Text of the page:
Public Property: Whether the activity is conducted on publicly-owned property: In this case, DAC's offices are provided by the Department at no cost, on airport property. This was arranged to facilitate DAC in carrying out its PSA obligations.
Decision-making Process: Whether DAC's contractual services are an integral part of the government agency's decision-making process: We must find that they are because the record reveals, without qualification, that if the County had not hired a consultant, the Department would be performing the services DAC now renders.
Governmental Function: “[W]hether the private entity is performing a governmental function or a function which the public agency otherwise would perform.” Schwab, at 1031, 1032. DAC has conceded that “when [DAC] performs services under the [PSA] with the Aviation Department, [DAC] acts on behalf of the County.” This is a case where “a private actor performs the public function in place of the public body” pursuant to the terms of “an agreement.” Memorial Hospital-West Volusia, at 381.
Regulation: The extent of the Department's control over DAC: Although the Aviation Department has no voting interest in DAC, or ownership control of DAC, it does have substantial control over DAC by virtue of DAC's PSA performance requirements. Moreover, DAC was viewed as an extension of the Department's senior management levels. With this level of accountability, it is only logical to conclude that the Department is ultimately in control of DAC's performance.
Creation: It's obvious that the Department did not create DAC. DAC was created by the eight entities that entered into the PSA. However, DAC was designed to fulfill the County-created consultant position. Here, as in News-Journal Corp. v. Memorial Hospital-West Volusia, Inc., 695 So.2d 418 (Fla. 5th DCA 1997), affirmed, 729 So.2d 373 (Fla.1999), DAC would not have been created but for the County's encouragement of these types of joint ventures to meet the Department's needs.
Financial Interest: Whether the government agency has a substantial financial interest in the private entity. “Certainly not as an investor. Nevertheless, as discussed in the level of public funding category above, it has a substantial financial interest in the venture.” News-Journal Corp., 695 So.2d at 422.
Benefits: For whose benefit is DAC functioning: Although DAC is obviously functioning primarily for its own financial interest and that of its joint venturers, DAC functions for the benefit of the Aviation Department in the very practical sense that it provides services that the Department would otherwise perform.
Totality of Factors
Most significantly, the record reveals that the purpose of the lobbyists and the expenditure records the Herald is seeking to discover, was to ease the resistance DAC was meeting in response to its assumption of the duties involved in the PSA. As such, DAC's argument, that those expenditures are unrelated to the PSA, and part of its private business not subject to disclosure, has no merit.
DAC's reliance on Harold v. Orange County, 668 So.2d 1010 (Fla. 5th DCA 1996), Sarasota Herald-Tribune Co. v. Community Health Corp., 582 So.2d 730 (Fla. 2d DCA 1991), and Fox v. News-Press Pub. Co., 545 So.2d 941 (Fla. 2d DCA 1989), is unavailing. In those cases, as in Schwab, the private entities were business concerns with a government agency as one of its clients. In contrast, DAC was created for the express purpose of fulfilling the PSA to help the Department. DAC doesn't have any other clients or business. Hence, DAC's argument that just because it does a job, not everything it does is public, is unconvincing. DAC's only job is the PSA.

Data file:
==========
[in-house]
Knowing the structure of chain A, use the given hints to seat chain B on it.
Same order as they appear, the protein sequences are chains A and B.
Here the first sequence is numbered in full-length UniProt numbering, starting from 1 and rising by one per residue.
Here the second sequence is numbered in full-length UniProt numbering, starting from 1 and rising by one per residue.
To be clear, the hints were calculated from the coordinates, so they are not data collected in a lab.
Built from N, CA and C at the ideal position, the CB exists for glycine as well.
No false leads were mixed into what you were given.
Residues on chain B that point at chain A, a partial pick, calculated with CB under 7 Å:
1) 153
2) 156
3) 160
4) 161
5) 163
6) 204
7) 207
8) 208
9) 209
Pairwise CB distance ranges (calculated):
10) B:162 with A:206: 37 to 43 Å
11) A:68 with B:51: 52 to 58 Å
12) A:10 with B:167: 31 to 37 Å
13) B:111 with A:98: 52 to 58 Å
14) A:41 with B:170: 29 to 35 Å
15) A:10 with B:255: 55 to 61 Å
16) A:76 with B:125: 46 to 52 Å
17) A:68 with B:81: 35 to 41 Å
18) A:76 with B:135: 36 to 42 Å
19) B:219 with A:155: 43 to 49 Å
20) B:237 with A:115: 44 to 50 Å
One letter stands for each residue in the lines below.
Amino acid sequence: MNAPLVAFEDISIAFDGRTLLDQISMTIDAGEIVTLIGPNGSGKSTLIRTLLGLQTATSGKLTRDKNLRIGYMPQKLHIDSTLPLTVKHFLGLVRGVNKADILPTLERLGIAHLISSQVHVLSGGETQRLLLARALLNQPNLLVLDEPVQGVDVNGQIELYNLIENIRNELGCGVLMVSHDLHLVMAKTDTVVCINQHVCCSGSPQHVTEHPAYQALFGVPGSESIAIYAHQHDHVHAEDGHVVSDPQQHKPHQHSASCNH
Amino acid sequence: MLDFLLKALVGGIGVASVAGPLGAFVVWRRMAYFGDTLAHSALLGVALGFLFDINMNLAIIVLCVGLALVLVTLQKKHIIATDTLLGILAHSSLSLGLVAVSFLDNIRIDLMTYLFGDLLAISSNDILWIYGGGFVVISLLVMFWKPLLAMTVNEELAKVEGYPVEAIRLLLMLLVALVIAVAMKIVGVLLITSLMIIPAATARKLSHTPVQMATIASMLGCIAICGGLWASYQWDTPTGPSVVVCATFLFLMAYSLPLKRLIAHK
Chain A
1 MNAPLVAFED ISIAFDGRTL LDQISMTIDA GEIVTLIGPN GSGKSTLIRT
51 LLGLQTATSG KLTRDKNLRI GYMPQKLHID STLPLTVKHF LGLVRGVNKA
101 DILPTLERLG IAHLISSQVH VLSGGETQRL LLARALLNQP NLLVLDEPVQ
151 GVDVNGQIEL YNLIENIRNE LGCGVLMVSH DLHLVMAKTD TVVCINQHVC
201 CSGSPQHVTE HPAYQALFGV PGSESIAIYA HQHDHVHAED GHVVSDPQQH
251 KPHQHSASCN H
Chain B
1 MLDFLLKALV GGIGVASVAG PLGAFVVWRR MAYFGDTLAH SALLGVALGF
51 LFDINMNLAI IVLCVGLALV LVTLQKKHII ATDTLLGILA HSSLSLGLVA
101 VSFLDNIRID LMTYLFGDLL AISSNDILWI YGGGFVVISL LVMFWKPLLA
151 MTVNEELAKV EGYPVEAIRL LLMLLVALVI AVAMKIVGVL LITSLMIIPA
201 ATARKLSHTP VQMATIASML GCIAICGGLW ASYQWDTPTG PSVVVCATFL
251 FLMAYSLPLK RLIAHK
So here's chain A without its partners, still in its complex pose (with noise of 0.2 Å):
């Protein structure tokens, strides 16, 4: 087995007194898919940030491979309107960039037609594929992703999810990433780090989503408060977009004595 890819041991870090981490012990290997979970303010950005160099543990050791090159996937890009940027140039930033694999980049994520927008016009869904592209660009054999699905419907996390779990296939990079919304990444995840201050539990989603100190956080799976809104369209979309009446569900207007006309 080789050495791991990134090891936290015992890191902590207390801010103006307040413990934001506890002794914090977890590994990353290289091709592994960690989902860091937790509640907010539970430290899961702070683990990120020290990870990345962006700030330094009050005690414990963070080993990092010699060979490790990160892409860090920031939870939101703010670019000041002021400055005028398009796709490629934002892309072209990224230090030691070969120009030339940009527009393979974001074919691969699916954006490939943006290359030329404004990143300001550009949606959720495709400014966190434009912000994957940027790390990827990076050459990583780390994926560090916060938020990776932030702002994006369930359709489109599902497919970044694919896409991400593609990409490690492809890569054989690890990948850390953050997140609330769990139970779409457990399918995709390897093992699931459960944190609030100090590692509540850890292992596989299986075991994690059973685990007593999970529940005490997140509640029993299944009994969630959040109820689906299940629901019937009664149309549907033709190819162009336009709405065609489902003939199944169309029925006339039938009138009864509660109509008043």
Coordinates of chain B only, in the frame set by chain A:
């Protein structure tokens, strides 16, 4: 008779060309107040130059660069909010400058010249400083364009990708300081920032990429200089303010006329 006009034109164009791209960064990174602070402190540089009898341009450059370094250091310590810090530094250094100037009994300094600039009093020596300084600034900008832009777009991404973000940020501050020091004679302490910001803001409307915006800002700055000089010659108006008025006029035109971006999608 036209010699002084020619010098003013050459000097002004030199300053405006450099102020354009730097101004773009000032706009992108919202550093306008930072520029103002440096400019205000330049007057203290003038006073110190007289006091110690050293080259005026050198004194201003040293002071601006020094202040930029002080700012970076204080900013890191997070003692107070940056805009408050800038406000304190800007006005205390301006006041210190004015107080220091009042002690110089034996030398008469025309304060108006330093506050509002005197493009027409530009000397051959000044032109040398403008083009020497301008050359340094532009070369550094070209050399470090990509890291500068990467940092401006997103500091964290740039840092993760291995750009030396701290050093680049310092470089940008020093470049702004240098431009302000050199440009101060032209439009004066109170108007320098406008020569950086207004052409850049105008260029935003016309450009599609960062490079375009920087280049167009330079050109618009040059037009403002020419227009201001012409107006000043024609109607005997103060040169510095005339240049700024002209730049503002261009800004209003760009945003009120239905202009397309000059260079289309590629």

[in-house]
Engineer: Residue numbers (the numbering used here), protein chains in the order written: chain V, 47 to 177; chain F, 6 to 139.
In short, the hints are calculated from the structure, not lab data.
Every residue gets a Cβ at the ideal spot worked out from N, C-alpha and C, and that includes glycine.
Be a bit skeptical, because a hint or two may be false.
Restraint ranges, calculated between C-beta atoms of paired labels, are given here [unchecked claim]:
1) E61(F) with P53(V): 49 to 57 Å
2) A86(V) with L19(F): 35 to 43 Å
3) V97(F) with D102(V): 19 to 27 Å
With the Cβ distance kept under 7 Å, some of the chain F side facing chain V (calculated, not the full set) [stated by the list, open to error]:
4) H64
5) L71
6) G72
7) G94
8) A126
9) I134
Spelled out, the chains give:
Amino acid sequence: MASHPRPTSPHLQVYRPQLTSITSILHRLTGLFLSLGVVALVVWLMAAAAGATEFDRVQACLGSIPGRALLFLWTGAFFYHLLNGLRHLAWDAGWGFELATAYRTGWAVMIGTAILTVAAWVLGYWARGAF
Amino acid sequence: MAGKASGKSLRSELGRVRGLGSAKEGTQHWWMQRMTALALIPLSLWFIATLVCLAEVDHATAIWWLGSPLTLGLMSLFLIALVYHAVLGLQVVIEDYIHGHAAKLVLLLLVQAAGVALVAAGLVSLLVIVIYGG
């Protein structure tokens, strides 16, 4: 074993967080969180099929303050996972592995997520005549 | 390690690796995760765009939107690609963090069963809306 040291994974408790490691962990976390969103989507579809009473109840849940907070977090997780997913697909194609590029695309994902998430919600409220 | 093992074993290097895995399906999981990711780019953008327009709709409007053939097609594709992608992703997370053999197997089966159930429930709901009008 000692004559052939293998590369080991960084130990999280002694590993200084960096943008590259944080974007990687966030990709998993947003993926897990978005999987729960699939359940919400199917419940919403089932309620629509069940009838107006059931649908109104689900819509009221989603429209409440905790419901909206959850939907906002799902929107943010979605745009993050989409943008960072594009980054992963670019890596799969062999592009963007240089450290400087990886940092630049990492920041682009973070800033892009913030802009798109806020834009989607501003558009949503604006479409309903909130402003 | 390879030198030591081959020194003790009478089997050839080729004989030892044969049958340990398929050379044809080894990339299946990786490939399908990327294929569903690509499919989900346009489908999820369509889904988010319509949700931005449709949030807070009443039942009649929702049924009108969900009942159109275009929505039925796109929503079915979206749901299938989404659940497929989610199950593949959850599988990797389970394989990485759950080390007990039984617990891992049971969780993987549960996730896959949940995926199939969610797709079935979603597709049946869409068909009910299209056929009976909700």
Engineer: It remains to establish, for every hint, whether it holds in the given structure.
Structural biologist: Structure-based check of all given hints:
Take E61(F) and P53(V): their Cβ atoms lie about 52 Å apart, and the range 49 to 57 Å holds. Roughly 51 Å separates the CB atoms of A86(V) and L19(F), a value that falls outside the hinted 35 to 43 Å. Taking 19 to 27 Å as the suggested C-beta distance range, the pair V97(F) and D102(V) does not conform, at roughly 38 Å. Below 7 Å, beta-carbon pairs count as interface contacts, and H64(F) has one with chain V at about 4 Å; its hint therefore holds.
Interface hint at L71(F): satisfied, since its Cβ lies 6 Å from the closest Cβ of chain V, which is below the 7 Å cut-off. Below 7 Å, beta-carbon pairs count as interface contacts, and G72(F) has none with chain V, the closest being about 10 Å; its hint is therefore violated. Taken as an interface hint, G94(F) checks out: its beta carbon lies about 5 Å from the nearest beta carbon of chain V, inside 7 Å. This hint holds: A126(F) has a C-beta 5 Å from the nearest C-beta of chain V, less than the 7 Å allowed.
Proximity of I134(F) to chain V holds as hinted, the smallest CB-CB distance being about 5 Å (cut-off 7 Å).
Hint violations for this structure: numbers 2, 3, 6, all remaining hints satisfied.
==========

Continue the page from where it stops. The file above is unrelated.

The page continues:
This case is analogous Memorial Hospital-West Volusia, Putnam County Humane Soc., Inc. v. Woodward, 740 So.2d 1238 (Fla. 5th DCA 1999), Prison Health Serv., Inc. v. Lakeland Ledger Pub. Co., 718 So.2d 204 (Fla. 2d DCA 1998), and Stanfield v. Salvation Army, 695 So.2d 501 (Fla. 5th DCA 1997), where the private entities provide services otherwise provided by the government. These were not business entities with a broad client base, that happened to perform an isolated contract for a government client. These cases illustrate the principle that when a private entity undertakes to provide a service otherwise provided by the government, the entity is bound by the Act, as the government would be. Here, DAC is bound by the Act.
In conclusion, we hold that under the circumstances of this case the requested records are subject to disclosure pursuant to Chapter 119, Florida Statutes. The trial court's summary judgment is therefore
1. As a threshold issue, we are not persuaded by DAC's argument that it was not properly served with written notice by the Herald. There is no requirement in the Public Records Act that requests for records must be in writing. Section 119.07(2)(c), dictates that a records custodian asserting an exemption to production of a document, may not dispose of the document for thirty days after a written request to examine records. This subsection precludes destruction of the disputed documents. Nowhere in the plain language of the Act is there a requirement of service of a written request for disclosure.In any event, in this case DAC waived any such argument when it completely and thoroughly responded to the Herald's request. That response did not raise any objection to service. Neither did the response object that DAC was an improper party to produce the requested records. Instead, DAC produced the records it felt were public records, and, in full compliance with section 119.07(2)(c), explained why it wasn't remitting certain documents. Having responded to the request, DAC cannot now argue that the request was not properly served.
Docket No: No. 3D01-1460.
Decided: October 31, 2001
Court: District Court of Appeal of Florida,Third District.